something to do with her affiliation with Bruce Conner’s Rat Bastard Protective Association. The oft-circulated and undisputed legend about Fur Rat goes as follows: One night, when Brown was completing the piece, Neri wandered into her studio and said, “That’s really funky!” repeating a term he had overheard from jazz musicians. The term stuck and mutated, eventually becoming the title for the famous 1967 Funk exhibition organized by Peter Selz at the University Art Museum in Berkeley. The show received massive attention and put the Bay Area art scene on the international map. It also marked the moment when Bay Area art established an identity for being resolutely anti-Minimalism, anti-Pop, anti-cool and anti-slick. Fur Rat was Brown’s singular contribution to that exhibition. She was one of only three women included in its roster of 23 artists.
Insofar as the longer trajectory of Brown’s career is concerned, the years 1965 to 1969 are still an unresolved mystery. Do they represent a stylistic period in their own right? Or are they a prolonged period of experimentation and transition leading up to the work for which Brown would later gain international attention? The current exhibition takes the former position — in contrast to the one taken by the aforementioned exhibition 22 years ago. The main reason for this switch of emphasis is that the current show does not include works on paper, which Brown executed in abundance during those years. It has several large portraits of animals that were part of a then-new series she presented at San Francisco’s Hanson Fuller Gallery in 1968. They are all frontally posed with suspicious eyes that meet those of the viewer, all set in otherworldly, Henri Rosseau-esque landscapes. Their surfaces are brightly colored and flatly painted.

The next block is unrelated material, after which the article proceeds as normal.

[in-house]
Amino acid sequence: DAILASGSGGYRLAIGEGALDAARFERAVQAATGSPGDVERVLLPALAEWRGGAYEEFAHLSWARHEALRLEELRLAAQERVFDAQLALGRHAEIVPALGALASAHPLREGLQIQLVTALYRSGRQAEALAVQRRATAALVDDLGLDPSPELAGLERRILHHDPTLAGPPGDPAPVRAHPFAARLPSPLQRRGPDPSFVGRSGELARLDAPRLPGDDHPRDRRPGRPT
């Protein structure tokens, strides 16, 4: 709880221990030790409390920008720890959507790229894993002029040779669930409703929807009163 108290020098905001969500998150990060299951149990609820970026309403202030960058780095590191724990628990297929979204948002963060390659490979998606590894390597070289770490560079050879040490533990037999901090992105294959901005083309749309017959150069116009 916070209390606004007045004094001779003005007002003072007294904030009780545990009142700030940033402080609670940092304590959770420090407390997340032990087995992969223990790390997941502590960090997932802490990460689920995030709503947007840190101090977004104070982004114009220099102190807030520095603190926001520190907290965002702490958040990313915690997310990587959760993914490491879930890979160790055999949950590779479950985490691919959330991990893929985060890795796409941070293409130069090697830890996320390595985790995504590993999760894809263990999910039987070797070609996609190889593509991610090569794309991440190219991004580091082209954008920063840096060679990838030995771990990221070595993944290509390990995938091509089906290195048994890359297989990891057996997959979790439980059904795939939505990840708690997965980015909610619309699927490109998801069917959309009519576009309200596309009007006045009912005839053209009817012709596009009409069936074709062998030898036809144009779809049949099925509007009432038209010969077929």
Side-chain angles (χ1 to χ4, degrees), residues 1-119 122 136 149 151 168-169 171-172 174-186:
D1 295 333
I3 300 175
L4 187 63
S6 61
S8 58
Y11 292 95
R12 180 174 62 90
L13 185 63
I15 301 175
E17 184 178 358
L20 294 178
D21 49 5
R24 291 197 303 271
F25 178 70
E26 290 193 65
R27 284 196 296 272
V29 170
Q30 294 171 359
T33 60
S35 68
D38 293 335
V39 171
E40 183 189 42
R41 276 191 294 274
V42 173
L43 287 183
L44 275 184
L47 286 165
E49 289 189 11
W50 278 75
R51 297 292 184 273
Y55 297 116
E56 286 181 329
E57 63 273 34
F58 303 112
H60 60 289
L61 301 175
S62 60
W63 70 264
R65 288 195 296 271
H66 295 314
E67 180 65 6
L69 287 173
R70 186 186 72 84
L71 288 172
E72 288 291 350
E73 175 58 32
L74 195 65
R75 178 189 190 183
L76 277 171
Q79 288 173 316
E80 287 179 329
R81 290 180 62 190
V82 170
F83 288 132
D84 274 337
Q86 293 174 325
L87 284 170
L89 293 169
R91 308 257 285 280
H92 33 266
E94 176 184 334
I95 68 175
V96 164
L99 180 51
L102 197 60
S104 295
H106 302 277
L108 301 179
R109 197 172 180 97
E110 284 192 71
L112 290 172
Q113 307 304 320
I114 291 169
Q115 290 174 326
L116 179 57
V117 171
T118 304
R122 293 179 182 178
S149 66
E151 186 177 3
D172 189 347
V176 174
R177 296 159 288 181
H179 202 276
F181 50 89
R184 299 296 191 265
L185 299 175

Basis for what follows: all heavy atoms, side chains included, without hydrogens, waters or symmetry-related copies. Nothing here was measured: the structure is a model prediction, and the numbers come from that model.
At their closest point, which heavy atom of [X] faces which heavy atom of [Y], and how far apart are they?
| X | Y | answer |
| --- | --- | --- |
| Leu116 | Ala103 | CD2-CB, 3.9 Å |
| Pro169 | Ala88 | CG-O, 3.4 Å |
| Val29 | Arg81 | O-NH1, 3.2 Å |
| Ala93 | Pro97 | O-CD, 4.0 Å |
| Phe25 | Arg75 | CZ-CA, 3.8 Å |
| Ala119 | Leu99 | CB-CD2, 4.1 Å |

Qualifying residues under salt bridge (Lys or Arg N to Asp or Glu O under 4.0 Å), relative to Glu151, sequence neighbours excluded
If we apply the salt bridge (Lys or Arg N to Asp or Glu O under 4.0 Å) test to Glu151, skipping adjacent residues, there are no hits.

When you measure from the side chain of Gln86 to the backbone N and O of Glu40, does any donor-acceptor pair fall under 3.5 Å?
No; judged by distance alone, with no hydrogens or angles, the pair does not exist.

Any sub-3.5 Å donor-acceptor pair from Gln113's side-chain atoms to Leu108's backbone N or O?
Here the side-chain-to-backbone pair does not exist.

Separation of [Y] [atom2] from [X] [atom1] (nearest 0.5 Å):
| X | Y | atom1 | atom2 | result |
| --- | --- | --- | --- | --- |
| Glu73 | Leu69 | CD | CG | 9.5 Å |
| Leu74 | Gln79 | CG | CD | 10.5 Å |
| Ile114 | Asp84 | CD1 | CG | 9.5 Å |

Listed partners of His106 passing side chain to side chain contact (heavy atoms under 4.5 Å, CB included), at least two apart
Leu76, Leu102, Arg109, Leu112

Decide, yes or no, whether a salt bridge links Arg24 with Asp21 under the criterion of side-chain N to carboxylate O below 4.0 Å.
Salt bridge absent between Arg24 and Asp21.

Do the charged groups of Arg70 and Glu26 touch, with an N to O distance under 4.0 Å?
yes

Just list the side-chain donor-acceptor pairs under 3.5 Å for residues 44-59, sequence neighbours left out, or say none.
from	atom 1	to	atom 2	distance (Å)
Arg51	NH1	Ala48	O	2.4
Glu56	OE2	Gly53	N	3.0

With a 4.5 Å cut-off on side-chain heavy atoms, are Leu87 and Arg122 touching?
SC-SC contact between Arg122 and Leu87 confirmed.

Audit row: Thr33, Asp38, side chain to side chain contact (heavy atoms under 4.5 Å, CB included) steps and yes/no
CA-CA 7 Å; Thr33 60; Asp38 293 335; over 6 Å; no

Among those on view, Grey Cat with Madrone and Birch Trees (1968) devotes the most space to the surrounding landscape, making it the most surreal of this group. It also bespeaks Brown’s switch to enamel paint (“the kind you would paint a chair with,” she was recorded as saying); this is because she had momentarily run out of oil paint and become allergic to turpentine. She was surprised to find an advantage in the new pigment because it allowed her to achieve saturated color effects without applying oil paint in layers. From a strictly material perspective, they all seem well-preserved, which means that enamel is more archival than we thought or that heroic conservation effort overcame material deterioration.